Given this trend, even with a lack of studies on the arcturus variant, it “makes sense that if someone has symptoms as quickly as two days after exposure, they should test rather than waiting the full five days,” advised Chin-Hong. “But if [you test] negative at two to three days, rinse and repeat.”
In other words, if you partied at the San Francisco Pride Parade on Sunday, and are now feeling a little sick on Thursday — four days after the parade itself — don’t wait until Friday (five days out) to test. Test now.
There’s no way to sugarcoat this: Finding a quick, free COVID test — whether an at-home antigen test or a PCR test — has gotten progressively harder at this stage of the pandemic, as more sites and services have been shuttered for good. As of June 1, the federal government has also ended its free at-home COVID-test-ordering service through USPS.
If you don’t already have a supply of antigen tests for COVID at home, these are your options:
Purchase a COVID at-home antigen test at a pharmacy near you
The quickest option will also be one of the most expensive up-front: Purchasing an at-home antigen test at a nearby pharmacy. (Ideally, ask someone to purchase one for you, so you don’t potentially expose other people at the pharmacy.) These at-home test kits are usually around $20 for a pack of two antigen tests.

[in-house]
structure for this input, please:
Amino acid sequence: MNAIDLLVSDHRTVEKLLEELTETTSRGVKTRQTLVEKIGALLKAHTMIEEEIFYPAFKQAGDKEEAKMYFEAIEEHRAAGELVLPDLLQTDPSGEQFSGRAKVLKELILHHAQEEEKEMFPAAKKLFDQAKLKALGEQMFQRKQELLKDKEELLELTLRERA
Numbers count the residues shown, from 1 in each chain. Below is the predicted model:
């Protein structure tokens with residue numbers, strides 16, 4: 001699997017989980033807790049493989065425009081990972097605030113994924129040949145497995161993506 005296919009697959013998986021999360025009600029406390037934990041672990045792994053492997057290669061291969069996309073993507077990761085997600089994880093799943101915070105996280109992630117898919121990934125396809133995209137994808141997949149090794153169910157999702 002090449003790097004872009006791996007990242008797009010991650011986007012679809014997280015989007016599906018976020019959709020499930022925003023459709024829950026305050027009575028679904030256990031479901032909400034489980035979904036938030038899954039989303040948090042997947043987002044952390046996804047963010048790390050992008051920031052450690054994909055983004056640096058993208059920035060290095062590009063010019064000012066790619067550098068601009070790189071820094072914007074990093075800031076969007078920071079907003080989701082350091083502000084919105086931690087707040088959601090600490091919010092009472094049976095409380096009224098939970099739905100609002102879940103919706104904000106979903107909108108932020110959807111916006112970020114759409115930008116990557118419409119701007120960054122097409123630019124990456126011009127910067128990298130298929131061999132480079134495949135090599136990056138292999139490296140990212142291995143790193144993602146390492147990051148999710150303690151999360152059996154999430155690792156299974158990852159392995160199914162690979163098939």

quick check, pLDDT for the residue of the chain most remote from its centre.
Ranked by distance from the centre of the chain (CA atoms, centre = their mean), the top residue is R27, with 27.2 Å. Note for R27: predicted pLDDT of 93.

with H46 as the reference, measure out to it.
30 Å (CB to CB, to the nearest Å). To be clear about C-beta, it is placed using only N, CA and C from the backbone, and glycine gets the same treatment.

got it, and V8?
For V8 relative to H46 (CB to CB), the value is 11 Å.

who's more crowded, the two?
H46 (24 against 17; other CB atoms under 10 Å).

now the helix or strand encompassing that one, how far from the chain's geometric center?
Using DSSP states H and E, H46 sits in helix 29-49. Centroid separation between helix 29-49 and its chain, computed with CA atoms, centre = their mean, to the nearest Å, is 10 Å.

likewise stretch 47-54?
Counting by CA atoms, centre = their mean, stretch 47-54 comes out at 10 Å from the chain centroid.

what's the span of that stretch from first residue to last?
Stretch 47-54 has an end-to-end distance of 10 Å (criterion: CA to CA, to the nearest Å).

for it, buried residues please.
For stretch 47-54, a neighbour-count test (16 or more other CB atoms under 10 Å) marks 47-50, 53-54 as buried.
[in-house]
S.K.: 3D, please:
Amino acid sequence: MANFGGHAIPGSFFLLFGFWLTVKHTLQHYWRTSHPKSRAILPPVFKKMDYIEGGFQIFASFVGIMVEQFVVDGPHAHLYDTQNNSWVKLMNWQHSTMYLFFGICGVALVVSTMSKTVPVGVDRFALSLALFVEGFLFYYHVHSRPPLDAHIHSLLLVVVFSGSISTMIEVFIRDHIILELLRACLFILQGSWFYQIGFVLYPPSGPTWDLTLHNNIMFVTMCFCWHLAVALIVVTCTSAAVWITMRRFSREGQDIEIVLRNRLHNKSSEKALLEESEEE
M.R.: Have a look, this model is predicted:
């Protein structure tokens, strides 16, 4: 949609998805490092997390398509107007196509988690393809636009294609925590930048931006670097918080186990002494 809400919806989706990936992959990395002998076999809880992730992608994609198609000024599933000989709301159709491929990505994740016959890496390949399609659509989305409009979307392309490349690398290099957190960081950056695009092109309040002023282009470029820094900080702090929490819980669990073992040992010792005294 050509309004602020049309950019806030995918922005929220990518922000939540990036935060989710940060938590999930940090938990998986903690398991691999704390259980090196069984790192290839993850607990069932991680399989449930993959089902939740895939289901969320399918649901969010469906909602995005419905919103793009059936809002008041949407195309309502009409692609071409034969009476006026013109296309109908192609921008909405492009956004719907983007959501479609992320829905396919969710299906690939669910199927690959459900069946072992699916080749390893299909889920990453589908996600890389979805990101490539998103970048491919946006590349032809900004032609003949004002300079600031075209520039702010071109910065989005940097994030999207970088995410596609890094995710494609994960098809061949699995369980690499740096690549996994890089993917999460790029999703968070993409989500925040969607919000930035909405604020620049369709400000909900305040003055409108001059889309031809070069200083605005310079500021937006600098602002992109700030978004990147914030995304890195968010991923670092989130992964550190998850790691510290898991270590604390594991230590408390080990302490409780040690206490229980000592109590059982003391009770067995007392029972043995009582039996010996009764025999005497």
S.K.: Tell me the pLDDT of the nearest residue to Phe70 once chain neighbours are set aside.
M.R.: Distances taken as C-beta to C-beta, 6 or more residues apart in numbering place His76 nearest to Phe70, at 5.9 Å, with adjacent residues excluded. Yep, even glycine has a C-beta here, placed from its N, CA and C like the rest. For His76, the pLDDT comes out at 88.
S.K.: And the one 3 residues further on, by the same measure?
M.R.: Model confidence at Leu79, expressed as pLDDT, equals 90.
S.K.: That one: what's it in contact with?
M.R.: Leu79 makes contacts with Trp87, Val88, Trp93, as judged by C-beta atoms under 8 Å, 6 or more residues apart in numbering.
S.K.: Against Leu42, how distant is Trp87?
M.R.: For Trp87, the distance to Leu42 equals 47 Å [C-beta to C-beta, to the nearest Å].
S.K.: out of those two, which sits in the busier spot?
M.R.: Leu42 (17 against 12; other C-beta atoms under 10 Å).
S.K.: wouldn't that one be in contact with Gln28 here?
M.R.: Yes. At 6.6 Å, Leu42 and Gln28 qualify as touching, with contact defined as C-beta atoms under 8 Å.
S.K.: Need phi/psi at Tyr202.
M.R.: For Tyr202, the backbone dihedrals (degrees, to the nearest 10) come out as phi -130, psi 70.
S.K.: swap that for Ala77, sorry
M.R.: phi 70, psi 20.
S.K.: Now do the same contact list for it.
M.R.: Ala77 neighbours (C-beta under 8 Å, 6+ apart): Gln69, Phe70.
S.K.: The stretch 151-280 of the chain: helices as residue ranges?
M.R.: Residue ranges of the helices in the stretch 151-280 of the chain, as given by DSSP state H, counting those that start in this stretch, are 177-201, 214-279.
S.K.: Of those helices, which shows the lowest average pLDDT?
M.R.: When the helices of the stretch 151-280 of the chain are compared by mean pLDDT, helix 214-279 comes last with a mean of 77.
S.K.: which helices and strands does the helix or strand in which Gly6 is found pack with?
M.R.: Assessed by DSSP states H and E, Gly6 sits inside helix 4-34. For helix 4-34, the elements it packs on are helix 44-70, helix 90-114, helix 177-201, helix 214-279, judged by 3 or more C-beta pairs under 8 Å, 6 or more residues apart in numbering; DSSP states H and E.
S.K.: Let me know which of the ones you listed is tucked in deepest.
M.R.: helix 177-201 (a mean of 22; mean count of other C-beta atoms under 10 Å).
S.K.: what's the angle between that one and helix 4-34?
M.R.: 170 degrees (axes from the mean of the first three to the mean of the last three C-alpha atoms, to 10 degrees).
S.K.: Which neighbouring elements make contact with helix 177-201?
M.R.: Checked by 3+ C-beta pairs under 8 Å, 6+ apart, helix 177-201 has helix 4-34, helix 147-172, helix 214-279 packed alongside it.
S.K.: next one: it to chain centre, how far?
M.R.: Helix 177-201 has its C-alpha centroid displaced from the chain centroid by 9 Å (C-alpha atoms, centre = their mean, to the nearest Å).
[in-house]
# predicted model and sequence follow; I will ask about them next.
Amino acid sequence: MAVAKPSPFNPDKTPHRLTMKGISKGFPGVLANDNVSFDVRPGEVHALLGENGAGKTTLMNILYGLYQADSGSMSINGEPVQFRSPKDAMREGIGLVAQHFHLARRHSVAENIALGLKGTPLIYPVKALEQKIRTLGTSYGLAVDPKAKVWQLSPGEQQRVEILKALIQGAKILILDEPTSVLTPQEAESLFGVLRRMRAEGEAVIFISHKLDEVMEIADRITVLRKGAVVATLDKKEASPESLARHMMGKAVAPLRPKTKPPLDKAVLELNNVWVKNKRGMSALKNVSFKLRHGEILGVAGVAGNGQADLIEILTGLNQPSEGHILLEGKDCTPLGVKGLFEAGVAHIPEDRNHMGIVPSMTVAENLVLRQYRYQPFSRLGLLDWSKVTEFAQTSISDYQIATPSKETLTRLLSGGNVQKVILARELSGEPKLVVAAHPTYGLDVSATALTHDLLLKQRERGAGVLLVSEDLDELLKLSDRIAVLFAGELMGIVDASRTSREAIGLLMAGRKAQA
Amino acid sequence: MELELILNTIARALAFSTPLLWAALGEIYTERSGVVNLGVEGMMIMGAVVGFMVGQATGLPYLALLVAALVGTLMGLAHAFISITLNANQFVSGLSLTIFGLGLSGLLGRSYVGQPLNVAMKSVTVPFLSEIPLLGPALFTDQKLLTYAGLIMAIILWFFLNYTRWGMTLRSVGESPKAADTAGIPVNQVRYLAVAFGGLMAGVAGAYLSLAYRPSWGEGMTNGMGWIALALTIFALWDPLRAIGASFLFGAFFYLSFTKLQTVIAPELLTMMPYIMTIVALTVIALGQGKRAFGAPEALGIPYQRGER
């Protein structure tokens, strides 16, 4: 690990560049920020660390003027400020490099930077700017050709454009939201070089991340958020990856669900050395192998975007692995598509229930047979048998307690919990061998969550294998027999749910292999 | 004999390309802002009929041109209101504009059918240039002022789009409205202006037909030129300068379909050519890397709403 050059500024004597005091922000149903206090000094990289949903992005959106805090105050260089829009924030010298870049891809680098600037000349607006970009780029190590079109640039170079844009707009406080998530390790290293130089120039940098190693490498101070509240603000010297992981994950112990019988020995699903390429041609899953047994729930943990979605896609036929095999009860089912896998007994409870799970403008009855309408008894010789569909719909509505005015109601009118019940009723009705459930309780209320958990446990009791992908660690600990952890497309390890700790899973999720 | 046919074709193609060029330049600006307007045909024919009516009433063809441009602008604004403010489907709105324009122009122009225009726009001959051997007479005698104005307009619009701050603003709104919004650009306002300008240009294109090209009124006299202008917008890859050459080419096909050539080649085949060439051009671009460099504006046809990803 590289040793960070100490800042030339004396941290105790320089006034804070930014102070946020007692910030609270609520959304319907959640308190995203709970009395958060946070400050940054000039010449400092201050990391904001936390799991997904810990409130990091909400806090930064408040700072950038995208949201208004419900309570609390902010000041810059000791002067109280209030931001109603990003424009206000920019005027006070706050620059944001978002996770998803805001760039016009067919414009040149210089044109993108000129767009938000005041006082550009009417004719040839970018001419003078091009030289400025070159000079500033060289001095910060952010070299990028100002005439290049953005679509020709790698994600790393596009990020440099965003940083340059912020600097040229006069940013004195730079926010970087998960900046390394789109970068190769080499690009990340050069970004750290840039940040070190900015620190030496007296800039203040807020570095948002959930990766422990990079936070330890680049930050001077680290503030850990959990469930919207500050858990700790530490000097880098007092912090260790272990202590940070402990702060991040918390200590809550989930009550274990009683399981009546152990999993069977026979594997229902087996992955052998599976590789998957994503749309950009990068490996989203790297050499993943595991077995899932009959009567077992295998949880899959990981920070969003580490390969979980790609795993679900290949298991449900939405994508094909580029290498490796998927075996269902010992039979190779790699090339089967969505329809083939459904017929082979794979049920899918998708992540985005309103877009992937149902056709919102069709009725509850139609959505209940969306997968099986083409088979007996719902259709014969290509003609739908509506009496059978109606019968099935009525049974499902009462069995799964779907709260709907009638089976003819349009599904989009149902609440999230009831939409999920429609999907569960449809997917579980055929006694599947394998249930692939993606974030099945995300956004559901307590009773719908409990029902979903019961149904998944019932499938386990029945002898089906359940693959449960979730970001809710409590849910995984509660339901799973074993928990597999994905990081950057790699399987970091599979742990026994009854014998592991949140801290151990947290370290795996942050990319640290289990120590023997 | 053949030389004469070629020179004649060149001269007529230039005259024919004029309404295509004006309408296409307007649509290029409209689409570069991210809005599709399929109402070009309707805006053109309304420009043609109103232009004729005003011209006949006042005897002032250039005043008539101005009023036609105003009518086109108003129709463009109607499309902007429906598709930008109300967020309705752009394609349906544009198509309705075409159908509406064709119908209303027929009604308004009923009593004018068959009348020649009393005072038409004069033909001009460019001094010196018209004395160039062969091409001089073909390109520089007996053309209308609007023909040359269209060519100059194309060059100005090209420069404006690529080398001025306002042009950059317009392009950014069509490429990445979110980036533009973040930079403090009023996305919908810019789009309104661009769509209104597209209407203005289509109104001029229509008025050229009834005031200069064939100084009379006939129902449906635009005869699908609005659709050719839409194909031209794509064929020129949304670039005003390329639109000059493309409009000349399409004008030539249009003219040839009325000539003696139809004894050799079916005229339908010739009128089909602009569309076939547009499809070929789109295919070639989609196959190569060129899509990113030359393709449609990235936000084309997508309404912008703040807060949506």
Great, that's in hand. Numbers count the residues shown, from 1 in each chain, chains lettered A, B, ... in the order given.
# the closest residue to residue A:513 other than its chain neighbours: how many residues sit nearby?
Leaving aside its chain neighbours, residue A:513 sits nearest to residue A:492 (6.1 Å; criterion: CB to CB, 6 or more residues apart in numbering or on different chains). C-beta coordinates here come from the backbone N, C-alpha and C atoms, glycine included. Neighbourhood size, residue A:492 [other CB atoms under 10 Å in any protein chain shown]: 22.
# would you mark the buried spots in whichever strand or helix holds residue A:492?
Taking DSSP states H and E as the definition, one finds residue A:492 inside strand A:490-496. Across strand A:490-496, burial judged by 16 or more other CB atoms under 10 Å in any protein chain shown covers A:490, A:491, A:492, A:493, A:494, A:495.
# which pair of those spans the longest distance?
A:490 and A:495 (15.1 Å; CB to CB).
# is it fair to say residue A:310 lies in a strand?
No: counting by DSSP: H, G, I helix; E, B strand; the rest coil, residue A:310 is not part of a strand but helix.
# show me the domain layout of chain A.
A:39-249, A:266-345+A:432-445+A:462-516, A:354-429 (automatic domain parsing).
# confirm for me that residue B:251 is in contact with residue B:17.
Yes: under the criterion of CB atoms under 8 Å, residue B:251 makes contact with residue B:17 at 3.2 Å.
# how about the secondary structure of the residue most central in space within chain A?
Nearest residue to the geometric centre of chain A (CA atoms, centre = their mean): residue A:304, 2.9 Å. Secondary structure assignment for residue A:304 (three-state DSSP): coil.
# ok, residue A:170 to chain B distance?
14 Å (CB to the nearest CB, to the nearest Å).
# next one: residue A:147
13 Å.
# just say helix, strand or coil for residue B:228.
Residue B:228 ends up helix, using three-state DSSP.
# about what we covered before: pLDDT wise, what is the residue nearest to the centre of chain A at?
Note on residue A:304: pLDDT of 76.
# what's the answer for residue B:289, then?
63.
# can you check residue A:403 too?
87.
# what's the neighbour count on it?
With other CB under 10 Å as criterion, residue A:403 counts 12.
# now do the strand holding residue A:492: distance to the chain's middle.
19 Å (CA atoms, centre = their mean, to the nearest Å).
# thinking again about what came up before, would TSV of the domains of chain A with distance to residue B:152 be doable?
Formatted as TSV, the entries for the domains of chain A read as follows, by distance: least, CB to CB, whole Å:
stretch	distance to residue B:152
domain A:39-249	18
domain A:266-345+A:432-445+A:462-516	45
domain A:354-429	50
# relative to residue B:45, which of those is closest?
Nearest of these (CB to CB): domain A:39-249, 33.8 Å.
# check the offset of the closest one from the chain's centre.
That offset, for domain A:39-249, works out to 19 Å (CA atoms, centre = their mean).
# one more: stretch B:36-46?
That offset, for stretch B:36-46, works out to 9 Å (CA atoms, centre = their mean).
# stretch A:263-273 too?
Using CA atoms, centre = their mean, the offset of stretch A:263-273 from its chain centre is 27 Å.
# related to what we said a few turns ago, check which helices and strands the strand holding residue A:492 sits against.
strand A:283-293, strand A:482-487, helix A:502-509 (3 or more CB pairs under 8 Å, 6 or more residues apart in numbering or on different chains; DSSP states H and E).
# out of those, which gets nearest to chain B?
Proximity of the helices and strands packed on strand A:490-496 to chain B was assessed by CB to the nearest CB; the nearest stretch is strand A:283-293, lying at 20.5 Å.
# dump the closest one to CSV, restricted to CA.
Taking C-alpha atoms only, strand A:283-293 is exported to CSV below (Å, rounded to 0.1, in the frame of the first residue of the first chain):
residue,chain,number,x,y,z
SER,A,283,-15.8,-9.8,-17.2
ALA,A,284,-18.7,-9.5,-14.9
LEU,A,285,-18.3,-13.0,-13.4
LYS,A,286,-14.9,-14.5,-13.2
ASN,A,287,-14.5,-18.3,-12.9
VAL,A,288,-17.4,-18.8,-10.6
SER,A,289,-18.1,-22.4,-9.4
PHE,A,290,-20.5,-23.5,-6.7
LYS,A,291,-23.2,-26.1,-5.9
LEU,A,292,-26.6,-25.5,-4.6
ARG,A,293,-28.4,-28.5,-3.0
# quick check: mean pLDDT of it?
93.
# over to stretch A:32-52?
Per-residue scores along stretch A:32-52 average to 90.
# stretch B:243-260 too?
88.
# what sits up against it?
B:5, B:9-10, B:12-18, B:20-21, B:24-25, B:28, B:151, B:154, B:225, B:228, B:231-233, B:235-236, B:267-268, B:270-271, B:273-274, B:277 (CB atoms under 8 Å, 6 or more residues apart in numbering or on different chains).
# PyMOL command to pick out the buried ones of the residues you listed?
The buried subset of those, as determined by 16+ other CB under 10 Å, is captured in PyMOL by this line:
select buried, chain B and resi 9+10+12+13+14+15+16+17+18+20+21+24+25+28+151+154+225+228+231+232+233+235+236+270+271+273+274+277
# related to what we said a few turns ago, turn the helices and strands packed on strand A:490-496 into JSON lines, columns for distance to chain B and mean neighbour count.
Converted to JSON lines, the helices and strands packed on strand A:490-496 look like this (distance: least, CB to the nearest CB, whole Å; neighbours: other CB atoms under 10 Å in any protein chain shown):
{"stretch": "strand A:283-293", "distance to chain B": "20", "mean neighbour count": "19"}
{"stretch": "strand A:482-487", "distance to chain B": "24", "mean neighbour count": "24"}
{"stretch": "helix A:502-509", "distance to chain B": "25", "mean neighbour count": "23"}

If you have health insurance, you will be able to request reimbursement from your health insurer for the cost of up to eight at-home tests per month, so don’t throw away your receipts.
Find a COVID PCR testing site near you
PCR testing is more accurate than an antigen test — because it’s more sensitive at picking up traces of the coronavirus in your body — but it may take longer to get your results than with an at-home test.
Currently, there are still some sites offering free COVID testing around the state. Try using:
If you have health insurance, you may be able to get a PCR test ordered by your health care provider with the costs covered.
If you have health insurance, contact your provider
If you are insured with major Bay Area providers such as Kaiser Permanente or Sutter Health, the easiest option to secure a COVID test may be to make an appointment through your particular provider. Most providers offer sign-ups online through a member’s login and appointments can also be made by phone.
For more ideas on how to find a free or low-cost COVID test near you, see the KQED guide which includes finding a test through your Bay Area county’s public health department, or at a private testing site.
You can also read our guide to using at-home antigen tests in 2023 and how effective they are.